It’s crazy to think both how short and infinitely long a century is. You see, Motorola’s DynaTAC, the first cell phone, was launched in 1984 for a price of $3,995. And today, nobody can imagine their life without touch-screen mobiles with integrated Leica cameras and AI face recognition systems that come at much less than Motorola’s initial price.
So imagine how differently people back then perceived the advancements in technology that looked both incredible and life-changing. And they were. But technology, and the world we live in, escalates so quickly that it surpasses our best forecasts for what the future holds.
And this time, we are talking a look at retro-futuristic examples created in the previous century that give us a glimpse into weird and wonderful dreams of the human mind.
A Fifties Navigation System. Don't Know Who Imagined This But I Love It!
To find out more about the weird and wonderful retrofuturism movement, Bored Panda reached out to Lisa Yaszek, a Regents Professor of Science Fiction Studies at the Georgia Institute of Technology.
Lisa explained that when we talk about retrofuturist objects and images, we usually refer to images of the past from the late 1800s through the space race, like many of the images collected here. “And when we look at these images, it becomes clear that people from the past actually had expectations of the future that were often quite like our own!”
According to Lisa, “they seem to have been particularly good at extrapolating from all the exciting new communications technologies of the time—telephones, radios, film, and TV—to imagine a range of new communications technologies much like we have now that allow us to talk to anyone from anywhere (#1 and 11), navigate our cars with ease (#2), get breaking news on our screens (#5), and even shop from home (#18 is shockingly on the mark).”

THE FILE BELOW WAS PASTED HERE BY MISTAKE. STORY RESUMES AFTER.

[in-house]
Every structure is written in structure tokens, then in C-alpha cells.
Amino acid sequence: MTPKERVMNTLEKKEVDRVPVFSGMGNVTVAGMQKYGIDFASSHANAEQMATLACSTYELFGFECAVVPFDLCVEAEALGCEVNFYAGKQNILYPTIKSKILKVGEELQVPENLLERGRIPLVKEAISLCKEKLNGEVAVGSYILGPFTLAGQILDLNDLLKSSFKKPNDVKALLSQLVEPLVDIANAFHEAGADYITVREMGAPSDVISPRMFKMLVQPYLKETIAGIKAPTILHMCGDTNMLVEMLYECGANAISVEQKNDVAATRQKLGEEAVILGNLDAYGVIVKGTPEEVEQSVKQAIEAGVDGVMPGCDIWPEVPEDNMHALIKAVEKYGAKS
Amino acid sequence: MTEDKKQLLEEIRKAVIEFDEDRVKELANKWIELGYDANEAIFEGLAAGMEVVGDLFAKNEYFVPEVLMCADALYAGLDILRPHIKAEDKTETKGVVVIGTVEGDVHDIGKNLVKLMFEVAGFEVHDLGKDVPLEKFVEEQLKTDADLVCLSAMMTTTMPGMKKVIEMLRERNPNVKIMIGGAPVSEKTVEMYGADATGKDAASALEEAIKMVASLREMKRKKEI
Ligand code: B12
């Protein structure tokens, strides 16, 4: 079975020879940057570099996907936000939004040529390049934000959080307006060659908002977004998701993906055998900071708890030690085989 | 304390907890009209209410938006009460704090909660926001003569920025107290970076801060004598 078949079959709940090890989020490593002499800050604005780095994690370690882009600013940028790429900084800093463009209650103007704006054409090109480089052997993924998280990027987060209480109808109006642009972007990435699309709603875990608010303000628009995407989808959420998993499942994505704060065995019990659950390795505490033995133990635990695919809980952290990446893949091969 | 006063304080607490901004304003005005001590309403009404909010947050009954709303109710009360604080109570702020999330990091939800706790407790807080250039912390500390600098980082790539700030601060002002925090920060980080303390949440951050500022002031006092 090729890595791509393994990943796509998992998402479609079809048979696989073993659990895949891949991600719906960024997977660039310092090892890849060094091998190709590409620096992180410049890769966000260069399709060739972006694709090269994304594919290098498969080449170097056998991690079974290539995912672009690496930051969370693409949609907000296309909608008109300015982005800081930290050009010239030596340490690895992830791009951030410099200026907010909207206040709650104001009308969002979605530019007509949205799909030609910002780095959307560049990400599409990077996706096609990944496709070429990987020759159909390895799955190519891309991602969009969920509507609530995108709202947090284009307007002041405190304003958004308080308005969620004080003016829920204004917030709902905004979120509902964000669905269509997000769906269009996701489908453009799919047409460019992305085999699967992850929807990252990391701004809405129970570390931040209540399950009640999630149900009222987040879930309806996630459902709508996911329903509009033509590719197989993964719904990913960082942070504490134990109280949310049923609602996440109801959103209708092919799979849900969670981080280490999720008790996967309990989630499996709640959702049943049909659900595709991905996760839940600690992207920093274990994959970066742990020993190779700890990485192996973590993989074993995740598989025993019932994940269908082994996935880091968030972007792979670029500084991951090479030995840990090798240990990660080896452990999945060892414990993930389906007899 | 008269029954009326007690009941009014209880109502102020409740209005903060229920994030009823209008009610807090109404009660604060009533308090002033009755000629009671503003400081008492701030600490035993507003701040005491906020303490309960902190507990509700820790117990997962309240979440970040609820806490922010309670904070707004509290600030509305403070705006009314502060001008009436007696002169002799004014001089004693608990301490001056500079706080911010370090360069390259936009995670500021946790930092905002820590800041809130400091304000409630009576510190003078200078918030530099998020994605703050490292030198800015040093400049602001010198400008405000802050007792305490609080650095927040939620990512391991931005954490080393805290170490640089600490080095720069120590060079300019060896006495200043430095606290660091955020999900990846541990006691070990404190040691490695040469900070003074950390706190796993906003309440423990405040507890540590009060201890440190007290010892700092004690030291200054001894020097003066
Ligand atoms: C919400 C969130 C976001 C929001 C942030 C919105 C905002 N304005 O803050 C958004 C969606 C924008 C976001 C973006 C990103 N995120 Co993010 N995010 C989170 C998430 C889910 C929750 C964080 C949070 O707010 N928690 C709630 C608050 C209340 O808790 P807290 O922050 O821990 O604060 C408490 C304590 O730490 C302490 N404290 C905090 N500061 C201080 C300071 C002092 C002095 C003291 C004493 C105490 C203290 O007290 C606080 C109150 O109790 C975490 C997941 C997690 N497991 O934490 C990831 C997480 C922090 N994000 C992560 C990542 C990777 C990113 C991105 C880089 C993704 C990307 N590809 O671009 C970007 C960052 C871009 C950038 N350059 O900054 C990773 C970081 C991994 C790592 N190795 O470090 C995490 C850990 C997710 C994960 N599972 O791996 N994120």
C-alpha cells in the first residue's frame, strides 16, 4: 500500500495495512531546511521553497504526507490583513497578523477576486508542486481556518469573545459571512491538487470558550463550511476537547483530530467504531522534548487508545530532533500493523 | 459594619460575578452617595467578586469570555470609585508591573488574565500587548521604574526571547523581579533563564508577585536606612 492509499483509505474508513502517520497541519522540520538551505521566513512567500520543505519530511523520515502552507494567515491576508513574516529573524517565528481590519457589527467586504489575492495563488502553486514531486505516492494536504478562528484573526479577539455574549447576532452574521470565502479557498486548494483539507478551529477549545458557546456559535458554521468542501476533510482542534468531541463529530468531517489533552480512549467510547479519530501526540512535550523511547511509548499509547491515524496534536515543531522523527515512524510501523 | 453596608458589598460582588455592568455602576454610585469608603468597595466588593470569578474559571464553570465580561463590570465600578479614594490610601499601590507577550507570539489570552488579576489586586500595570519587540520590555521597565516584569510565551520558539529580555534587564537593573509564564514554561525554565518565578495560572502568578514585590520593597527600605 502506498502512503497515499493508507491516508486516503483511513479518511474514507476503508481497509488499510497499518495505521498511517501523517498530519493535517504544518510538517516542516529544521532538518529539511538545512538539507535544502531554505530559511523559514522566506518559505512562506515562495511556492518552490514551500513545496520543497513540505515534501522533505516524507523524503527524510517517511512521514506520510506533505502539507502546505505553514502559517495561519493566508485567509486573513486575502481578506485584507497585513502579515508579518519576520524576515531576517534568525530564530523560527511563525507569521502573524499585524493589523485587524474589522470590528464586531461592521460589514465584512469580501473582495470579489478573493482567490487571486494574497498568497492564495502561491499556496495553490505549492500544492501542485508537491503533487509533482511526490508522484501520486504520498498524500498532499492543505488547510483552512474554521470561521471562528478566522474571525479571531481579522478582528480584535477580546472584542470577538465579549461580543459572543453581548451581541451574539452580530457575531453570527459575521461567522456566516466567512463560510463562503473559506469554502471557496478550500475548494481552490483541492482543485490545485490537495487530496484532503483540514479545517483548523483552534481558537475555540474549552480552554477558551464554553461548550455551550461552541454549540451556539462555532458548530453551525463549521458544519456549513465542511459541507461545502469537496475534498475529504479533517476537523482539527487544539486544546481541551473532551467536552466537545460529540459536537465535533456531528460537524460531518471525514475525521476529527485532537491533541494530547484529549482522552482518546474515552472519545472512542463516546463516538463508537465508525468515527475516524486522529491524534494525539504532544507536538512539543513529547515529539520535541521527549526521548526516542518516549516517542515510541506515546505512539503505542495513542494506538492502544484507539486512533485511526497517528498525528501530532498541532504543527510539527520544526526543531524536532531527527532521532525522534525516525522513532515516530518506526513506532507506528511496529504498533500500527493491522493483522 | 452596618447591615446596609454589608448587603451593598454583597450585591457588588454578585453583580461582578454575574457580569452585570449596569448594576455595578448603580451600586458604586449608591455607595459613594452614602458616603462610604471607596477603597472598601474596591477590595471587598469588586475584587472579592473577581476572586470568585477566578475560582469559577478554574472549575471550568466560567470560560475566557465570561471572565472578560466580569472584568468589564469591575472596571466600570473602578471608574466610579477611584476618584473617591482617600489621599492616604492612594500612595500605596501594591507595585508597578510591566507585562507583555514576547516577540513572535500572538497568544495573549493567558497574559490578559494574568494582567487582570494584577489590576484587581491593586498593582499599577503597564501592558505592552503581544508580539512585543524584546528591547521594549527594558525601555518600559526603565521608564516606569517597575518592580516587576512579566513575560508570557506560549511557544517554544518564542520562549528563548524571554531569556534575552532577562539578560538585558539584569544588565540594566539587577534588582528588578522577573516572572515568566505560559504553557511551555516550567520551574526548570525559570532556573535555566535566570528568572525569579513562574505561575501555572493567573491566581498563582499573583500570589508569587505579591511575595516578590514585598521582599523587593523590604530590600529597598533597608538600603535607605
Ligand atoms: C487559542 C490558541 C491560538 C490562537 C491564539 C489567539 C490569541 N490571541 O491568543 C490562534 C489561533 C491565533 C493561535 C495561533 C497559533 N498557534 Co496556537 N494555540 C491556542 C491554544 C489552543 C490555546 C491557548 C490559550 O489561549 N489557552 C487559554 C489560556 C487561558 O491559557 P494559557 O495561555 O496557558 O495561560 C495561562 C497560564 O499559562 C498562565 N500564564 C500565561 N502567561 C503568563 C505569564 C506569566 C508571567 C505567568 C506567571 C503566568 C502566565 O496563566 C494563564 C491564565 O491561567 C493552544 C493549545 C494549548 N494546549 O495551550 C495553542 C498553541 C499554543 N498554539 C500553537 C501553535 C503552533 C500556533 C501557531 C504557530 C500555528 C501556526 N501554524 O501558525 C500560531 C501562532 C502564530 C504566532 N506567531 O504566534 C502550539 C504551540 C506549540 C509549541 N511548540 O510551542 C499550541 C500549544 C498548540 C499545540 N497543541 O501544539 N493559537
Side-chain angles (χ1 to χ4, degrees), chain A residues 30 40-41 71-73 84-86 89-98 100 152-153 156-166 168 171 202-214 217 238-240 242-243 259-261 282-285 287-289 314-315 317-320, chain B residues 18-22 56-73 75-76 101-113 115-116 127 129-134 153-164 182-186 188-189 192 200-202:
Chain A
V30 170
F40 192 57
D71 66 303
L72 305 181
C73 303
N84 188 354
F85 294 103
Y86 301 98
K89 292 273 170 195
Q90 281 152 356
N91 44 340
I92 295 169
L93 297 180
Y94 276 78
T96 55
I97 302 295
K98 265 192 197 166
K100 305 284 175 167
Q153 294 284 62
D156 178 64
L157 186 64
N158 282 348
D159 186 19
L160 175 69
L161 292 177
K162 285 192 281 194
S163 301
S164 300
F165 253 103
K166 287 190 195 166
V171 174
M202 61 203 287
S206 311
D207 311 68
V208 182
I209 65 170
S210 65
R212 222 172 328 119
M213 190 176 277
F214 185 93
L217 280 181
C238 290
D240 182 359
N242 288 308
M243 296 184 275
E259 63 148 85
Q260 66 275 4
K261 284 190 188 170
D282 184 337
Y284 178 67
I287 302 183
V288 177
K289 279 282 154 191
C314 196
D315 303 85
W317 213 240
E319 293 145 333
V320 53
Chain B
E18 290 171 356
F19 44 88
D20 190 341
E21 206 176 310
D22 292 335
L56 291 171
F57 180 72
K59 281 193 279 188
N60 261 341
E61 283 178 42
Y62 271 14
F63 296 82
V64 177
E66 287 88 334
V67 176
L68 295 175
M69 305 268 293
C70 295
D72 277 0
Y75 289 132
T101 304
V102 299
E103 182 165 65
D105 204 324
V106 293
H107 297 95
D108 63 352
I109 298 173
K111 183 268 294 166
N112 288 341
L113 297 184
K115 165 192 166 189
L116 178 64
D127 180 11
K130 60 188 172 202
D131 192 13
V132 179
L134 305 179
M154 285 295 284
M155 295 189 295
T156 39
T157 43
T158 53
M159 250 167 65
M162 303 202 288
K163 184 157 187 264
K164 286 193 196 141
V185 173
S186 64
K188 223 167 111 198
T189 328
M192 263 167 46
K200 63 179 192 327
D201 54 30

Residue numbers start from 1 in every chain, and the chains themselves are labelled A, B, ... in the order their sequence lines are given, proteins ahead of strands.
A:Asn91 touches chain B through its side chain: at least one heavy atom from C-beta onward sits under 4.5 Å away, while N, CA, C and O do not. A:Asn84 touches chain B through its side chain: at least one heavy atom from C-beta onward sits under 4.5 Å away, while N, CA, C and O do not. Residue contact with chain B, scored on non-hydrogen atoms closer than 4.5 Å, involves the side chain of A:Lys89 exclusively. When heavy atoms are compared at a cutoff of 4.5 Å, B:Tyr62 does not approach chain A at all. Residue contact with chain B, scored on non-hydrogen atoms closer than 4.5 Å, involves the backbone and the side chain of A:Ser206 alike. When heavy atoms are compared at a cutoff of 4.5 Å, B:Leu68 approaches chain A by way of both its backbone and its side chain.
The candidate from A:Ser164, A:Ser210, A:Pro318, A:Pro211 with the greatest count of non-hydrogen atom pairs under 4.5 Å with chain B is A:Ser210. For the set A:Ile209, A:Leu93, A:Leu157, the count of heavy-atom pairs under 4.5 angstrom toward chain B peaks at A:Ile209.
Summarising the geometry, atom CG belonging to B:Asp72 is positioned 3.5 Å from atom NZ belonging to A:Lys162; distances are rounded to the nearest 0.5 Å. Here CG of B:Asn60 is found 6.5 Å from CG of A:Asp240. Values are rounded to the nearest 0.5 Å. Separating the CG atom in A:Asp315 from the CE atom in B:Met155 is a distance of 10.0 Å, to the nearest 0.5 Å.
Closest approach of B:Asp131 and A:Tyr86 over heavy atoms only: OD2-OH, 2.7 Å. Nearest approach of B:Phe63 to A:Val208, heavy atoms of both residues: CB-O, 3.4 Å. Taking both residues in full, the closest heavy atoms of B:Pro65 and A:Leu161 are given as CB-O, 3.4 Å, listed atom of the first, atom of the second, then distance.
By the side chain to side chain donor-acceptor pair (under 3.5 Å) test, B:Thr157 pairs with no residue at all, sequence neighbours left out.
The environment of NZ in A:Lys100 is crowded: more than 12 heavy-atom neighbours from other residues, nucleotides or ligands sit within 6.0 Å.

Television Newspaper - Some Day You May Be Able To Receive The Front Page Of Your Morning Newspaper This Way
Moreover, “People of the past were also quite good at anticipating how our clothing and personal presentation might change! Image #1 presents us with the kind of brightly colored, streamlined, unisex uniform first imagined by avant-garde artists and then made popular by science fiction filmmakers in the opening decades of the twentieth century and that are still very much with us today.”
As for image #16, Lisa sees it as an exciting representation of future fashion. “The two models here appear to be wearing then-contemporary undergarments, but other aspects of their styles are very modern! The artist certainly guessed correctly that in the future, we would wear less clothing in public, indulge in more body ornamentation (the man’s tattoos look a lot like the tribal body art that became popular with the Modern Primitive movement in the 1990s), and that gender roles might be less clearly defined.”
Having said that, the people of the past were not always very accurate with their predictions about the use of big science and big engineering, said Lisa. “Images #15, 19, 20, 21, 22, 25, and 30 are particularly good examples of the utopian dream that someone—possibly the state, possibly a benevolent corporation—will engage in big, public engineering projects that will allow us to live well in the potentially hostile environments we might encounter in the future.”